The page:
fraternity, Florida Blue Key, in the upcoming
elections. Again, specifics are lacking.
At least two parties are already involved
in the Poop wars, 5 and the UF tradition
of gooning ,, is in full swing.
With the hottest part of the campaign still
before us, we anticipate further violations
of the election code and the higher ethics
that should guide all political endeavor.
Unethical activity by one party practically
always generates similar retaliation by the
other parties, and the vague promises of
responsible campaigns and responsible student
government are left by the wayside.
When The Florida Conservative was still
in the rumor stage, we welcomed the
opportunity for the UF student body to be
exposed to a responsible, articulate statement
of the conservative viewpoint in American
life. Now that the first edition is on the
stands, we are forced to revise our opinion.
As is true of other extremist publications
hiding under the guise of conservatism,
The Florida Conservative substituted
sensationalism and unfounded allegations for
responsibility ana unfair implication and half
truths for articulate statement. Indeed, the
conservatism in the first edition seems to
have been restricted to one feature, a general
statement ot editorial policy, and the format.
GATOR STAFF MEMBERS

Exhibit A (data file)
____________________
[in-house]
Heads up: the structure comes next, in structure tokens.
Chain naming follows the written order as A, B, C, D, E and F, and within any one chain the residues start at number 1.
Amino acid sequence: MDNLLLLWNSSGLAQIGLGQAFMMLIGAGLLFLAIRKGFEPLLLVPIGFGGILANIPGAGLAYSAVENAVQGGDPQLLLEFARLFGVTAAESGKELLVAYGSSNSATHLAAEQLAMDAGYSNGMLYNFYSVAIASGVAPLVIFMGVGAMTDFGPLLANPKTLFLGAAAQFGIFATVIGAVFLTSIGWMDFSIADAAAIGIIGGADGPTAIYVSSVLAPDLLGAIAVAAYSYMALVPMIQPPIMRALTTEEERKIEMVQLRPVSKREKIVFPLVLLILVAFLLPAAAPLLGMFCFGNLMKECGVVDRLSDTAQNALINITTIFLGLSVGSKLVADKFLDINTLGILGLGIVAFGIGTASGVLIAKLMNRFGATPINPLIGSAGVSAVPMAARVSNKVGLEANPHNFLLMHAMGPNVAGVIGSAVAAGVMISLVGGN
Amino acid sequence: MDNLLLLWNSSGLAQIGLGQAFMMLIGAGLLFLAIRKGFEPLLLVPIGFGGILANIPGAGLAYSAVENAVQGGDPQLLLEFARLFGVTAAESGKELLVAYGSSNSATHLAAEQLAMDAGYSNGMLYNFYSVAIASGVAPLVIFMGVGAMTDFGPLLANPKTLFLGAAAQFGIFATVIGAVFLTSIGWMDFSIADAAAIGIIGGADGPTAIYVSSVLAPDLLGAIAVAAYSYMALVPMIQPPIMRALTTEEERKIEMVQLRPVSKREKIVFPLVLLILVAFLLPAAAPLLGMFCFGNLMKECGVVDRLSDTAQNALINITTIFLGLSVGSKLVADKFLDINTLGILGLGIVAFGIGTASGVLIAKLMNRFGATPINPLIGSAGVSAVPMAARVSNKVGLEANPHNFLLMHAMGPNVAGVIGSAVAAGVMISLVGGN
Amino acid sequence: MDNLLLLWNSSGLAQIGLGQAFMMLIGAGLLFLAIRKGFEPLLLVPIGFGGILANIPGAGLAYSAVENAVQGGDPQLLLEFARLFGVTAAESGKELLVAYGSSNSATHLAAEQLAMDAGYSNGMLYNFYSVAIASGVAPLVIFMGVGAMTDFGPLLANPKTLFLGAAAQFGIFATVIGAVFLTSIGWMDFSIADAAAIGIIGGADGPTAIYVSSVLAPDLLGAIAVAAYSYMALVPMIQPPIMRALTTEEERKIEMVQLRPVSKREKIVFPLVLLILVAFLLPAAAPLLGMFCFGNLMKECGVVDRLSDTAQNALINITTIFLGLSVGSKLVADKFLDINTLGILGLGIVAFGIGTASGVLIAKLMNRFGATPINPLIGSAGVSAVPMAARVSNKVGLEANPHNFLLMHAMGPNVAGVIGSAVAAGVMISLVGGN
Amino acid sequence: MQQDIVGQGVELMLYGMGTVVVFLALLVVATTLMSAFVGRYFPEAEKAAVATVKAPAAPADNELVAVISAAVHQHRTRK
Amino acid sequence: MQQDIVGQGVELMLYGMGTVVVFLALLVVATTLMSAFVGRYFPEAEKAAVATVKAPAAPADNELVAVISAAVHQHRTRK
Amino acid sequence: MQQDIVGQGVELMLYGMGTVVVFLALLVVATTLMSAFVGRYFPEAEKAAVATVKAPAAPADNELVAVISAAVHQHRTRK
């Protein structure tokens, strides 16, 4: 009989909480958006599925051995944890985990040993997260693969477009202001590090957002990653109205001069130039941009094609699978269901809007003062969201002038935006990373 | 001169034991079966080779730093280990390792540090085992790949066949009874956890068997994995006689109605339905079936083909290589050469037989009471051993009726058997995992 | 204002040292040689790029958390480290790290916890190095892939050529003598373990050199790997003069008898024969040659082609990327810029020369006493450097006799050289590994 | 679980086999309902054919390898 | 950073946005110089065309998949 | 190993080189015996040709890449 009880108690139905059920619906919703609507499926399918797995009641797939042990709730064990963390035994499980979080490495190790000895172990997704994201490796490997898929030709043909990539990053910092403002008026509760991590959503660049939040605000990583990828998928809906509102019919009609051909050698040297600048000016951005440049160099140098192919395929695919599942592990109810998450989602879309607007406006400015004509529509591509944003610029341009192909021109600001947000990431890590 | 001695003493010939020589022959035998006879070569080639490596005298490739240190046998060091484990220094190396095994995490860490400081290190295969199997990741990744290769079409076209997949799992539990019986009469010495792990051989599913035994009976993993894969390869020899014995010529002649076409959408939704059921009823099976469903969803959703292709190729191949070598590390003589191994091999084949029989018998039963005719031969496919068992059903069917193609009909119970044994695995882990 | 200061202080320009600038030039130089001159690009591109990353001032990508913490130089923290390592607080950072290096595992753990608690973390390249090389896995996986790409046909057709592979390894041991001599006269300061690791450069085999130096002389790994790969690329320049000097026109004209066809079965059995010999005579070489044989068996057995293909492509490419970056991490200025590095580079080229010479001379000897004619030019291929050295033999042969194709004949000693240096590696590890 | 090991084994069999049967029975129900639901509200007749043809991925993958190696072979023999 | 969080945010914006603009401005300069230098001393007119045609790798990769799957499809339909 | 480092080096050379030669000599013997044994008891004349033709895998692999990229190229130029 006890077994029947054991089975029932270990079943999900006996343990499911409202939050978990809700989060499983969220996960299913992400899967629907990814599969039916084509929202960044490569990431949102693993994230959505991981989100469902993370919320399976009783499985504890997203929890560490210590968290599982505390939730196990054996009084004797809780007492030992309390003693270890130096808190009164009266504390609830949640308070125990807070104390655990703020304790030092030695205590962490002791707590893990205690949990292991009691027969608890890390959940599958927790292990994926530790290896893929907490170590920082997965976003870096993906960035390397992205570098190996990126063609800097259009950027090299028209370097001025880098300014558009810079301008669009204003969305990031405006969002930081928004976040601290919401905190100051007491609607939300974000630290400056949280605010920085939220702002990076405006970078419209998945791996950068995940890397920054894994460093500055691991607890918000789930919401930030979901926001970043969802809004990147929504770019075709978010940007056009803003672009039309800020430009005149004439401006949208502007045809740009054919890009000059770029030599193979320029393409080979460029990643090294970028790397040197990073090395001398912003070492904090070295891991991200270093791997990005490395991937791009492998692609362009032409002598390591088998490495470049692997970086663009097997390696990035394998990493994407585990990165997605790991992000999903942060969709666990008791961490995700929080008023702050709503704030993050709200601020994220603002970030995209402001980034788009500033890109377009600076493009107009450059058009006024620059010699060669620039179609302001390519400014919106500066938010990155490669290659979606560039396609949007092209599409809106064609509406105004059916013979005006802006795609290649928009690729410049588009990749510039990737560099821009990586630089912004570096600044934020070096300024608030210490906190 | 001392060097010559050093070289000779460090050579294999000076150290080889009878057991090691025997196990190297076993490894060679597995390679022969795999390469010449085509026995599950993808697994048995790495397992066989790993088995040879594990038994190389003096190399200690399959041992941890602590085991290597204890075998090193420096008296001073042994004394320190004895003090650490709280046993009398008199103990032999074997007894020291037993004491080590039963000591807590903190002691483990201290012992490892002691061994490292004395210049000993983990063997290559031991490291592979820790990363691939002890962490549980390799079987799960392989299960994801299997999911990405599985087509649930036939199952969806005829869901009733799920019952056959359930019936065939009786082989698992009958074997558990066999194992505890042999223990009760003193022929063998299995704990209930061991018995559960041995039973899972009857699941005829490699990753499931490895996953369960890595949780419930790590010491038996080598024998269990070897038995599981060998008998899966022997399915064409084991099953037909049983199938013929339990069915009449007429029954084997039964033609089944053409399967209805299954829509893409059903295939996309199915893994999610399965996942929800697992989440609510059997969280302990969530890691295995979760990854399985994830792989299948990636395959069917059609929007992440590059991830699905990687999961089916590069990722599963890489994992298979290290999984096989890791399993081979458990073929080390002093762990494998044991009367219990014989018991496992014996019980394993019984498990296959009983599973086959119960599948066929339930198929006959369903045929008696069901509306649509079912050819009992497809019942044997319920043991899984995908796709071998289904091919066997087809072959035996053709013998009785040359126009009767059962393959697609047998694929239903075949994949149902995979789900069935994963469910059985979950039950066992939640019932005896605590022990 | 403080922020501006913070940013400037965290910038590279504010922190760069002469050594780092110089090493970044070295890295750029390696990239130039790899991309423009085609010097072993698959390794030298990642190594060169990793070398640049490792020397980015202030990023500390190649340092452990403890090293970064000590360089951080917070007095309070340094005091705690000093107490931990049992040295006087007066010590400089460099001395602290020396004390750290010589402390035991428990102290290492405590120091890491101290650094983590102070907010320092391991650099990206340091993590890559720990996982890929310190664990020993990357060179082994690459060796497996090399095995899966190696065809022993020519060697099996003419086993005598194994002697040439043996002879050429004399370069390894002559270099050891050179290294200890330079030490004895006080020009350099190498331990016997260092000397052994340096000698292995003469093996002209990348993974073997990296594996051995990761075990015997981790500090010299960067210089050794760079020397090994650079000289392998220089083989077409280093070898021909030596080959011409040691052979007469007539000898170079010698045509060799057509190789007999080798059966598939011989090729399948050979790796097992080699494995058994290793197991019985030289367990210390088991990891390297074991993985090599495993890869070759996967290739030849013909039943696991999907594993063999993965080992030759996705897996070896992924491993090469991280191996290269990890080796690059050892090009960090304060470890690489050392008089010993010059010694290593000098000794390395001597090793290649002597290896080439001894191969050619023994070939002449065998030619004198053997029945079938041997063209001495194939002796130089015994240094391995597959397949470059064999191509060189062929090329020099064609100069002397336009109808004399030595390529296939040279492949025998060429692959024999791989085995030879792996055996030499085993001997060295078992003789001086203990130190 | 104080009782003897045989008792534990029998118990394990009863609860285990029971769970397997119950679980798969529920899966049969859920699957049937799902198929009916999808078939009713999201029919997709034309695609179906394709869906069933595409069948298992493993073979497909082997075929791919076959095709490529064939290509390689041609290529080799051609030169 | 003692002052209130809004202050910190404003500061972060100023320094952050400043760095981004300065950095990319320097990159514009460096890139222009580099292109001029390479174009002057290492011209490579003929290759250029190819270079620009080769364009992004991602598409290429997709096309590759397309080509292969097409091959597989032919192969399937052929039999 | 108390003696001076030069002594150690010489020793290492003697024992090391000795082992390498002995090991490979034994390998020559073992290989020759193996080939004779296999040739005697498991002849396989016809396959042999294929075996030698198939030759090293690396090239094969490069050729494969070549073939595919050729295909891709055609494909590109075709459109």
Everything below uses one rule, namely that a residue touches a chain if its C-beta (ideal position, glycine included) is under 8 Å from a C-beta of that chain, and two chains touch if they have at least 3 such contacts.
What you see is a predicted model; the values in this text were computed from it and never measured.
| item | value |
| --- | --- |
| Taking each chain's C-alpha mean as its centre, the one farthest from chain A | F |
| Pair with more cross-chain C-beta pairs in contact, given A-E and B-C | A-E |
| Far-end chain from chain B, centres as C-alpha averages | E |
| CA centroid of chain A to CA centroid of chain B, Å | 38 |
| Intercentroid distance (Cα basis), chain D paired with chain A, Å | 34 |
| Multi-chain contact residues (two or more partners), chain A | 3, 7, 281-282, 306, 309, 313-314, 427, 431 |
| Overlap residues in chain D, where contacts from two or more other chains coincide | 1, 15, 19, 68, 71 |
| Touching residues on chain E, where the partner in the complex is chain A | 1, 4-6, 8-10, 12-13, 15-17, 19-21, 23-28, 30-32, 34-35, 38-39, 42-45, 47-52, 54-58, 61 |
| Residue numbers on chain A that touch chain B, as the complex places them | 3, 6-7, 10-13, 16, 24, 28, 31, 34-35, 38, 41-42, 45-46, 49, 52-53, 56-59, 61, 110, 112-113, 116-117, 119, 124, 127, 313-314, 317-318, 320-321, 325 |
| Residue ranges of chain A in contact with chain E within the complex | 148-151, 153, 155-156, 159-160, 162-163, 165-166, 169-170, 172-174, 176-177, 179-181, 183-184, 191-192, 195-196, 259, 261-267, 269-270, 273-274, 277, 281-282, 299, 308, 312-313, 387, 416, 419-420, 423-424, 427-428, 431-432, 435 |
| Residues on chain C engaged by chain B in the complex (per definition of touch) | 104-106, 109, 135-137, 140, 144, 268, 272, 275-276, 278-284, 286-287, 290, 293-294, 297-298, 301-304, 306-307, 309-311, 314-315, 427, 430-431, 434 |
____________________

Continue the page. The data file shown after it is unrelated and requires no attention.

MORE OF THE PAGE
EDITORIAL STAFF: Buddy Goodman (Sports). Lou Ferris
Jr., (Asst. Mgr. Editor), Mark Freeman (.Cartoonist), Stan
Kulp, Sharon Kelley (SG Beat Chief), Tova Levine (Tigert
Beat Chief) Correspondents, Kay Huffmaster, Frank Shepherd.
Yvette Cardoso, Agnes Fowles. Donita Mathison, BobOsterhoudt.
Dan Taylor, Sam UUman, Pete Winoker, Selwin H. Ciment.
STAFFERS: Maureen Collins, Dick Dennis. Marty Gartell,
Judy Knight, Ruth Koch, Steve Kurvin, Ann Carter, Evan
Langbein, Ira Liebsfeld, Thelma Mossman, Dick Schneider. Gay
Slesiuger, Fran Snider, Lynda Tolbert, Cynthia Tunstall, Harvey
Wolf Son, John Shlplett, Chip Sharon, Karen Vitunac. Jack
Zucker, David Ropes, Ami Saperstein. Jeffrey Denkewalter
THE FLORIDA ALLIGATOR is the Official student newspaper
of the University of Florida and is published five times weekly
except during May, June and July when it is pubUshed
semi-weekly. Only editorials represent the official opinions of
their authors. The Alligator is entered as second class matter
at the United States Post Office at Gainesville.
Served By United Press International
By SAM ULLMAN
A RIDE through St. Augustine, Florida, or just
about any part of the South, will convince the rider
that Supreme Court Chief Justice Earl Warren is
not too well-liked. Roads in many parts of the
South bear signs which beg for the dismissal of
Mr. Warren. Impeach Chief Justice Warren
seems to be their favorite slogan.
IT LS true that Mr. Warren has rendered a
number of decisions which have not been too pleasing
to the average Southerner, but few of those people
have actually taken the time to analyze the decisions
beyond their mere surface content. The nine old
men who sit on the exalted bench of the Supreme
Court are experts in their field. Few men, if any,
have a better knowledge of Constitutional Law. The
justices of the Supreme Court, for the most part,
have dedicated their lives to the study of law and
jurisprudence. When they render a decision, it is
based upon precedent which few laymen can begin